Use of Low-Thrombin Fibrin Sealant Glue After Axillary Lymphadenectomy for Breast Cancer to Reduce Hospital Length and Seroma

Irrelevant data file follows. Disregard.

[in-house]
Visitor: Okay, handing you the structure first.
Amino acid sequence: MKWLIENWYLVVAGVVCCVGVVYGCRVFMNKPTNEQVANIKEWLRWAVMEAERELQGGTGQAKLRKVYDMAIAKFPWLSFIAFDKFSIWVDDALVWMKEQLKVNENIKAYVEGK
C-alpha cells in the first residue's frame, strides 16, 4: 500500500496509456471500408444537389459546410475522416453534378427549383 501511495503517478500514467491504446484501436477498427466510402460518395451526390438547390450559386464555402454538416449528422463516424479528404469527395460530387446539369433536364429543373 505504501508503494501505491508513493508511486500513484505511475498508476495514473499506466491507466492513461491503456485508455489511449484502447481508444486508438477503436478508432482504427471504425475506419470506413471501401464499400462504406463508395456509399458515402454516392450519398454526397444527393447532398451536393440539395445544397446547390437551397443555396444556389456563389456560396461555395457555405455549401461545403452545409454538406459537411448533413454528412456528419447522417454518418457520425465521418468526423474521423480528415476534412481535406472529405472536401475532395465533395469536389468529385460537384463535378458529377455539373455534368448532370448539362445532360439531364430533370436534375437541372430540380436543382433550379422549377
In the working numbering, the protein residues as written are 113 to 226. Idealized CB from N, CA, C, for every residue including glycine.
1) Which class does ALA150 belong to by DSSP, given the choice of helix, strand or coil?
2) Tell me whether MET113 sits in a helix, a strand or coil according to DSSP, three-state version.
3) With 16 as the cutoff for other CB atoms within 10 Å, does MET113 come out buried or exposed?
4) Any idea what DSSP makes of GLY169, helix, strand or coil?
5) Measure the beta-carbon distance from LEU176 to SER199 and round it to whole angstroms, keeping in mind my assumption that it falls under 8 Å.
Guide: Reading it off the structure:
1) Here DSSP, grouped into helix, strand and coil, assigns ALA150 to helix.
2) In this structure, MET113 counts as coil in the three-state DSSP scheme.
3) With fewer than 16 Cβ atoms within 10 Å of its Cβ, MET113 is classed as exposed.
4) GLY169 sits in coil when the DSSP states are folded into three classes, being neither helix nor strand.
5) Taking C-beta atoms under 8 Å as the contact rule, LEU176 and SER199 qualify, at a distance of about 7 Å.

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BackgroundAxillary lymphadenectomy for primary breast cancer produces a non-negligible rate of postoperative lymphorrhea, prolonged hospital stays, and multiple seroma punctures. We evaluated the impact of low-thrombin fibrin sealant glue on surgical wounds in patients undergoing axillary lymph node dissection for breast cancer.MethodsWe conducted an observational study of 149 patients who underwent axillary lymphadenectomy for primary breast cancer between January 2014 and December 2015. Data were obtained from 2 successive prospective studies. The hospital stay length and morbidity (seromas, punctures) were compared between 2 groups: patients who had padding sutures and low-thrombin fibrin sealant glue without drainage (n = 49) and patients with drainage alone (n = 100). Hospital costs were assessed from the hospital perspective.ResultsThe mean hospital stay length was shorter in the fibrin sealant group (2.6 vs. 4.7 days; P < .001). Seroma magnitude and punctures were similar in patients treated with fibrin sealant compared with patients with drainage alone. The rate of needle aspiration for seroma was similar irrespective of whether or not a drain or fibrin sealant was used (30.6% vs. 33.0%, P = .77).ConclusionLow-thrombin fibrin sealant glue does not significantly reduce the amount of fluid produced in the axilla after breast surgery; however, its systematic use may help reduce hospital stays and costs.Micro-AbstractA prospective evaluation of 149 axillary lymph node dissection (ALND) procedures in 2 groups using either drainage or a drainless procedure with fibrin glue and a padding technique was performed. No difference was observed in seroma punctures, but an interesting significantly reduced postoperative hospital stay length. Quilting sutures and fibrin glue after ALND is a promising technique for reducing hospital stays and costs.

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